First it was the banks, now it is fund houses that are – or should be – worried about rising regulatory scrutiny.

As watchdogs increasingly turn their attention to the non-banking sector, they are likely to force asset managers to provide more and more data on their holdings and activities, said the chief executive of RBC Investor & Treasury Services.

This trend is driven by concerns over the transfer of financial risk and assets to the buy-sideHarry Samuel told AsianInvestor during a recent visit to Hong Kong.

Since capital-adequacy rules such as Basel III have made it difficult for banks to boost their bond holdings, managers can no longer rely on bank liquidity to support them to meet redemptions, he said.

“There is a lot of anxiety among some of the largest asset managers about how are they going to accommodate what ends up as systemic liquidity risk,” noted Samuel.

In a stress event, redemptions might not be covered by the liquidation of assets, or there could be a significant matching problem, he warned.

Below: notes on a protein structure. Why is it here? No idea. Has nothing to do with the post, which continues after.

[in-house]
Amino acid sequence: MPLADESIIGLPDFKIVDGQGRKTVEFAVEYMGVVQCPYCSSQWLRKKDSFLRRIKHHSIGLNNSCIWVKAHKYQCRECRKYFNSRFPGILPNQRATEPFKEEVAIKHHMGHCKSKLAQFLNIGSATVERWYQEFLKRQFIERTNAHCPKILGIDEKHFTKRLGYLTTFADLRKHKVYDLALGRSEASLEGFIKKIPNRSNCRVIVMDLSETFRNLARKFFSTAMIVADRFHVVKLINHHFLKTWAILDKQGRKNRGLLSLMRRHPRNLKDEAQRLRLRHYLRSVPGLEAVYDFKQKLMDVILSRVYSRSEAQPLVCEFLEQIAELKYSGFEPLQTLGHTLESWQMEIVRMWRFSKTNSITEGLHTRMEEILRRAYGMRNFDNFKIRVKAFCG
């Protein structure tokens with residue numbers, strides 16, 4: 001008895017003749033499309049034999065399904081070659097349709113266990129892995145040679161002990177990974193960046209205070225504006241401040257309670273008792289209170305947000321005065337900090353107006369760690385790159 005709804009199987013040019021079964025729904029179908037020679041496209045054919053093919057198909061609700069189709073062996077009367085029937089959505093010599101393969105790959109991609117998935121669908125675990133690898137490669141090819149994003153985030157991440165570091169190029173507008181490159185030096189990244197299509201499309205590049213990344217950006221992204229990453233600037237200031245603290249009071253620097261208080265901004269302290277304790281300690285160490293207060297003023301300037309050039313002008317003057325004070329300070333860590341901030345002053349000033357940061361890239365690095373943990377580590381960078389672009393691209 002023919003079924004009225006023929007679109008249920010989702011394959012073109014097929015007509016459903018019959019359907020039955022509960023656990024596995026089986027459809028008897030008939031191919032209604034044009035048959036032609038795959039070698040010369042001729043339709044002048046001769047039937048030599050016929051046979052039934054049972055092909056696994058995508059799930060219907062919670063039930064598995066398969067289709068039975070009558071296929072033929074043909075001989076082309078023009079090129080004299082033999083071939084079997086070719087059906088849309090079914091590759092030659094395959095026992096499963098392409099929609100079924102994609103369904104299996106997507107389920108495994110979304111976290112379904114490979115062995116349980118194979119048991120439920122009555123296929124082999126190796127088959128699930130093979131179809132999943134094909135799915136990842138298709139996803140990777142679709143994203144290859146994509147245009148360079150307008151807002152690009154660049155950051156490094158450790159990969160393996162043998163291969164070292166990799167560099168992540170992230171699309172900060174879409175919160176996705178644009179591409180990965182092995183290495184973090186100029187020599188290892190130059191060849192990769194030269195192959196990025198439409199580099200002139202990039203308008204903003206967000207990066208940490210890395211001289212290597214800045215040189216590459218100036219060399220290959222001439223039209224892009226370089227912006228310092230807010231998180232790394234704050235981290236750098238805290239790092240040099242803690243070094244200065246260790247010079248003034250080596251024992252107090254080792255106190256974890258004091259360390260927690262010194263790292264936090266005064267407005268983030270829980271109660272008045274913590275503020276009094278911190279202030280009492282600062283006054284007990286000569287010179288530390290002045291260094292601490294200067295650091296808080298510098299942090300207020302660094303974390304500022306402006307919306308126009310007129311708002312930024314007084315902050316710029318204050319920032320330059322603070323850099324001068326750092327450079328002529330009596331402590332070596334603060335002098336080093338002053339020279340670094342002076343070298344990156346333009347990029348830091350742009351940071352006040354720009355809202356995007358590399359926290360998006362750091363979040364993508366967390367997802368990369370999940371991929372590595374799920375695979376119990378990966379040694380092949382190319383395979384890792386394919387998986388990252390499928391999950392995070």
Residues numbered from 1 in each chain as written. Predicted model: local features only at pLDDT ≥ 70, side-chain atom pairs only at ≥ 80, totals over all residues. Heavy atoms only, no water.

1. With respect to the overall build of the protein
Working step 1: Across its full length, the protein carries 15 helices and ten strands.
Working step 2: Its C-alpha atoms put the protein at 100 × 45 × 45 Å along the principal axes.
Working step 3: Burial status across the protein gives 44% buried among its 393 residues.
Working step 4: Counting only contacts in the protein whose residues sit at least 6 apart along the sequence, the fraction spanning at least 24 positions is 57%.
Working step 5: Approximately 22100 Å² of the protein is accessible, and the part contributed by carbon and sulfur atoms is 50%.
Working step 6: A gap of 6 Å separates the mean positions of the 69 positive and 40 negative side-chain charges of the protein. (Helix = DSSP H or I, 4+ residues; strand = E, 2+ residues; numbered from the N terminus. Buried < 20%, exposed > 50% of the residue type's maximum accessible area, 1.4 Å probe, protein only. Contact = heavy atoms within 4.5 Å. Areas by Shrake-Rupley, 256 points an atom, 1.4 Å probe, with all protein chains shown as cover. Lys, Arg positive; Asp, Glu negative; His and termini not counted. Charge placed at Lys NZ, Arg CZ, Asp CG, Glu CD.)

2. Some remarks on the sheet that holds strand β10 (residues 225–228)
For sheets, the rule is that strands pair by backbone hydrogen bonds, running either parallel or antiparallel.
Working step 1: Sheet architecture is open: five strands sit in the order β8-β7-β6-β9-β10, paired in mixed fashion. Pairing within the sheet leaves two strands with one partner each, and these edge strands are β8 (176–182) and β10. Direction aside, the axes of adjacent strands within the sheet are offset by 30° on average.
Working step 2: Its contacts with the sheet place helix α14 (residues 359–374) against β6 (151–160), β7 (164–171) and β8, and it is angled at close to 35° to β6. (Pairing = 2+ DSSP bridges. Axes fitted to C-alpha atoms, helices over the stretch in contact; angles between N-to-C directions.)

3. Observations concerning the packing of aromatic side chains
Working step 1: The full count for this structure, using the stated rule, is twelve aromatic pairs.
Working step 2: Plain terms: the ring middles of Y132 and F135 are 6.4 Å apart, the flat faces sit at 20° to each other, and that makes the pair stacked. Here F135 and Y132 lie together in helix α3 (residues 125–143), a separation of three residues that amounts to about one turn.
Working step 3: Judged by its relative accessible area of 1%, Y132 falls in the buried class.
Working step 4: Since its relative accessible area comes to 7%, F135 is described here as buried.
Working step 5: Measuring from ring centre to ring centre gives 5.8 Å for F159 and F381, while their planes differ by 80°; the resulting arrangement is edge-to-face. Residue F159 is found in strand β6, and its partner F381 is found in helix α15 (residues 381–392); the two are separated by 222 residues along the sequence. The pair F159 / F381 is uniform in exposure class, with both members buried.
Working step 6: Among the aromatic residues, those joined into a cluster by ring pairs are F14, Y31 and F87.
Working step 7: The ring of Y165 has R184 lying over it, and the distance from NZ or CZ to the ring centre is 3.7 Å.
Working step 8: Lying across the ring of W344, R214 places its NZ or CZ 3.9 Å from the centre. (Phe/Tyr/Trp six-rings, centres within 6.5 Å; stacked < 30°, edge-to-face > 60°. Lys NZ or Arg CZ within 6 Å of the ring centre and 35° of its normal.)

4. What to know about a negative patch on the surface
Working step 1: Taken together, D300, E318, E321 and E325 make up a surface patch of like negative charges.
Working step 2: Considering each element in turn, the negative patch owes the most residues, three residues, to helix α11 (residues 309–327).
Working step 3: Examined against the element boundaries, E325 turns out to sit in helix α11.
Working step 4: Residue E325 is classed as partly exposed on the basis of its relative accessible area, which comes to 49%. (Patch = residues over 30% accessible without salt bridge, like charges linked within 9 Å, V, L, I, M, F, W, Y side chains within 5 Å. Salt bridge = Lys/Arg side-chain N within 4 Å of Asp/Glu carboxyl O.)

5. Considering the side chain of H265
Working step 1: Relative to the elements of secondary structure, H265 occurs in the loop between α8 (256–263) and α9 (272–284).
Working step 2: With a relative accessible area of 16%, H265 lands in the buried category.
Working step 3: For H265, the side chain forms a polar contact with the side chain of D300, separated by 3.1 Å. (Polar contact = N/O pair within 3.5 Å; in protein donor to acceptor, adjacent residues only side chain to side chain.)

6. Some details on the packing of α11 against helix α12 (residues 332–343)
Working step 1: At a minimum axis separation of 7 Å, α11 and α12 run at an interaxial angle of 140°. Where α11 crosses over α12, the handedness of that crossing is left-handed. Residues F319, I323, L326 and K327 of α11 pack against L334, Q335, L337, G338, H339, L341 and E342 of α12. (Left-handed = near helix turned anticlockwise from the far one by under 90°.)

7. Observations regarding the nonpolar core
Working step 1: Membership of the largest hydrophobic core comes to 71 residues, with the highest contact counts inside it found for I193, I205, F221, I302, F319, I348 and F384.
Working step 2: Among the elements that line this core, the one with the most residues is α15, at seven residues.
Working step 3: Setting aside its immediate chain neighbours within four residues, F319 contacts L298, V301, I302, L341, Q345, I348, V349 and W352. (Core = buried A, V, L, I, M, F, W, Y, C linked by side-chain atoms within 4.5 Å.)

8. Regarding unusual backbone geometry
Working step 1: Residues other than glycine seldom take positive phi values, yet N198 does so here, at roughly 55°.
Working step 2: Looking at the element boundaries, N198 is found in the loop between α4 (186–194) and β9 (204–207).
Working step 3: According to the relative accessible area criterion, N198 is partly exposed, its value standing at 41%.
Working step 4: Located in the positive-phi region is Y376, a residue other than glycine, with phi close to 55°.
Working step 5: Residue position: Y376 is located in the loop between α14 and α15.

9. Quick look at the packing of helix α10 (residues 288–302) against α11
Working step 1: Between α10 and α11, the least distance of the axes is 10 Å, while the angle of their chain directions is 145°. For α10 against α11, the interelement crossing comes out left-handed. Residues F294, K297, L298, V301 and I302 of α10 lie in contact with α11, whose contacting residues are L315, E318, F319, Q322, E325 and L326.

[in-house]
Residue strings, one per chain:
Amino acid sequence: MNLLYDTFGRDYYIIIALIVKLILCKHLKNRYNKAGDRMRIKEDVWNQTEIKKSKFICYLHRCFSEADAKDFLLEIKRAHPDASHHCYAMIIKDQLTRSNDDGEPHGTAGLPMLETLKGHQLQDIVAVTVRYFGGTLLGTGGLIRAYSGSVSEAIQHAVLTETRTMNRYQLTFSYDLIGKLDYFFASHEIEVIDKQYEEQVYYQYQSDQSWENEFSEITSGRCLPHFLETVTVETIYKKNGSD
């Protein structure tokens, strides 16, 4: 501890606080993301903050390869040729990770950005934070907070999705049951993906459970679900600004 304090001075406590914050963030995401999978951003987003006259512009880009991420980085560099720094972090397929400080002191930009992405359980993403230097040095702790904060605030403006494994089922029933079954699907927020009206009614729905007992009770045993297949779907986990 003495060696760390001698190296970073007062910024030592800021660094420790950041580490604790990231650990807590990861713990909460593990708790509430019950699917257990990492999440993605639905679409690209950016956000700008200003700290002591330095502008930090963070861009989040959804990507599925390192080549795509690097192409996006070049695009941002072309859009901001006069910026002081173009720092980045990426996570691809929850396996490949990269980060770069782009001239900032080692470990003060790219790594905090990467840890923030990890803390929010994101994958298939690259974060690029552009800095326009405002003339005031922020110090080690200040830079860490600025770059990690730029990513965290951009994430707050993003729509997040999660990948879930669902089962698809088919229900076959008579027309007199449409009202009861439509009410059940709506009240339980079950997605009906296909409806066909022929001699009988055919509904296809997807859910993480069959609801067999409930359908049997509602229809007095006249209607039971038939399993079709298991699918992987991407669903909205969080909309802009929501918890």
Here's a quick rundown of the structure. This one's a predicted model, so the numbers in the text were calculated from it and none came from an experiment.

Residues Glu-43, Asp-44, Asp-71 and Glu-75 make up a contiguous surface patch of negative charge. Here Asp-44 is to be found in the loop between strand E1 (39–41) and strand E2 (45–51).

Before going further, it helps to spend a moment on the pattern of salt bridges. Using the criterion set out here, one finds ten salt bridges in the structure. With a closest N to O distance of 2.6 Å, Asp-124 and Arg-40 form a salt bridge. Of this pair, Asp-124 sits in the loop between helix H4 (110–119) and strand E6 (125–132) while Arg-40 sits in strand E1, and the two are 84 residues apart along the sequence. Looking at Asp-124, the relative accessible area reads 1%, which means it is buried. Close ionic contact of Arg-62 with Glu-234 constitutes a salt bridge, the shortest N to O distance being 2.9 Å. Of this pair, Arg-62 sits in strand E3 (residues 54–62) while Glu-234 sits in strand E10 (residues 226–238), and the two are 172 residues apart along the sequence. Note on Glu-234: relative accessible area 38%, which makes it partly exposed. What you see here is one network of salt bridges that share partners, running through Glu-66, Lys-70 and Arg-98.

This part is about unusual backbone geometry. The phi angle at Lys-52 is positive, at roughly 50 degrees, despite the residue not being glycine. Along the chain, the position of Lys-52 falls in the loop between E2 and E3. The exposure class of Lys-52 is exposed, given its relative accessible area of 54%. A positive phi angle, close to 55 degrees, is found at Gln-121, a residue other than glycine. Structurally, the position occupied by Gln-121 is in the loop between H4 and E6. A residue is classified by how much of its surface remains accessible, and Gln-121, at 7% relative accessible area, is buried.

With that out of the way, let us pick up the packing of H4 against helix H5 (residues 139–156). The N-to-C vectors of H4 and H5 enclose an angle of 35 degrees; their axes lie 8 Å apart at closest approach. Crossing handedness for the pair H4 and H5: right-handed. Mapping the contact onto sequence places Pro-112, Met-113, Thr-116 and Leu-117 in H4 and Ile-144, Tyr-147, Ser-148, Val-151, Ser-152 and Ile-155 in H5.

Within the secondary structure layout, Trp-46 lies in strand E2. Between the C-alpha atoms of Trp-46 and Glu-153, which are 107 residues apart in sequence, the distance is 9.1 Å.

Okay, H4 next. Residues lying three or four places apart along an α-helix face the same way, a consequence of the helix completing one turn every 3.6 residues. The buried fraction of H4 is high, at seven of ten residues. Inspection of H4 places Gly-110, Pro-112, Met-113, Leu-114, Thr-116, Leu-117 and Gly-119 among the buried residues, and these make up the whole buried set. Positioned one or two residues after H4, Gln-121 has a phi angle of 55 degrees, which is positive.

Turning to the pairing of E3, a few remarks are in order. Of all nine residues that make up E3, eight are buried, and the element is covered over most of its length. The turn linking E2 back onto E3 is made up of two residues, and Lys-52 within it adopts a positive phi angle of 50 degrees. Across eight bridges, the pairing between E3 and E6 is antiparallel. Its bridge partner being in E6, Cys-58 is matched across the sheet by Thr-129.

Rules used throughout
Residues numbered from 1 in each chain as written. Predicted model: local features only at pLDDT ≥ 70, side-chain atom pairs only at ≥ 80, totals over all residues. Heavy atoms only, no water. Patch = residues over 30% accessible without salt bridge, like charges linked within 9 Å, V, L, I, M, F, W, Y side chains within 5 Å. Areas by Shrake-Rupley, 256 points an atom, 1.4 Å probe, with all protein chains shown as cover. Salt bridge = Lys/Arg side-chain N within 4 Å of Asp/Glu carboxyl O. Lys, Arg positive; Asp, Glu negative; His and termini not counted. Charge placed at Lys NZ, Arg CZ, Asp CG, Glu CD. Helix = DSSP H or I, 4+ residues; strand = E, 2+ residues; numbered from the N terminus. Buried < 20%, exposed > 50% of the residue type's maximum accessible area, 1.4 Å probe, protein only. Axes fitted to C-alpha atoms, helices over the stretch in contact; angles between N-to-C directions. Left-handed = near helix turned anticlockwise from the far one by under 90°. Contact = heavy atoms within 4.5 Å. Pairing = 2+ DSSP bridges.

Asked about important trends he was seeing specific to Asia Pacific, Samuel cited moves by Australian asset managers looking to distribute outside of their domestic market.

When the firm set up on Australia in 2001, distribution was predominantly domestic, he said, but RBC I&TS has worked with some firms to boost distribution by launching Luxembourg and Ireland Ucits structures.

Samuel expects to see Australian managers with specialised products having the most success.

Investors want to pay lower fees for alpha, but they are willing to pay more for highly specialised ones with an infrastructure or real estate or PE focus, he said.

One high-profile example of this trend out of Australia is the aggressive international buildout by Sydney-based AMP Capital of its business in areas such as Asian equities and infrastructure funds.

RBC I&TS had assets under administration of $3.25 trillion as of July 31. The firm does not break out the figure for Asia Pacific.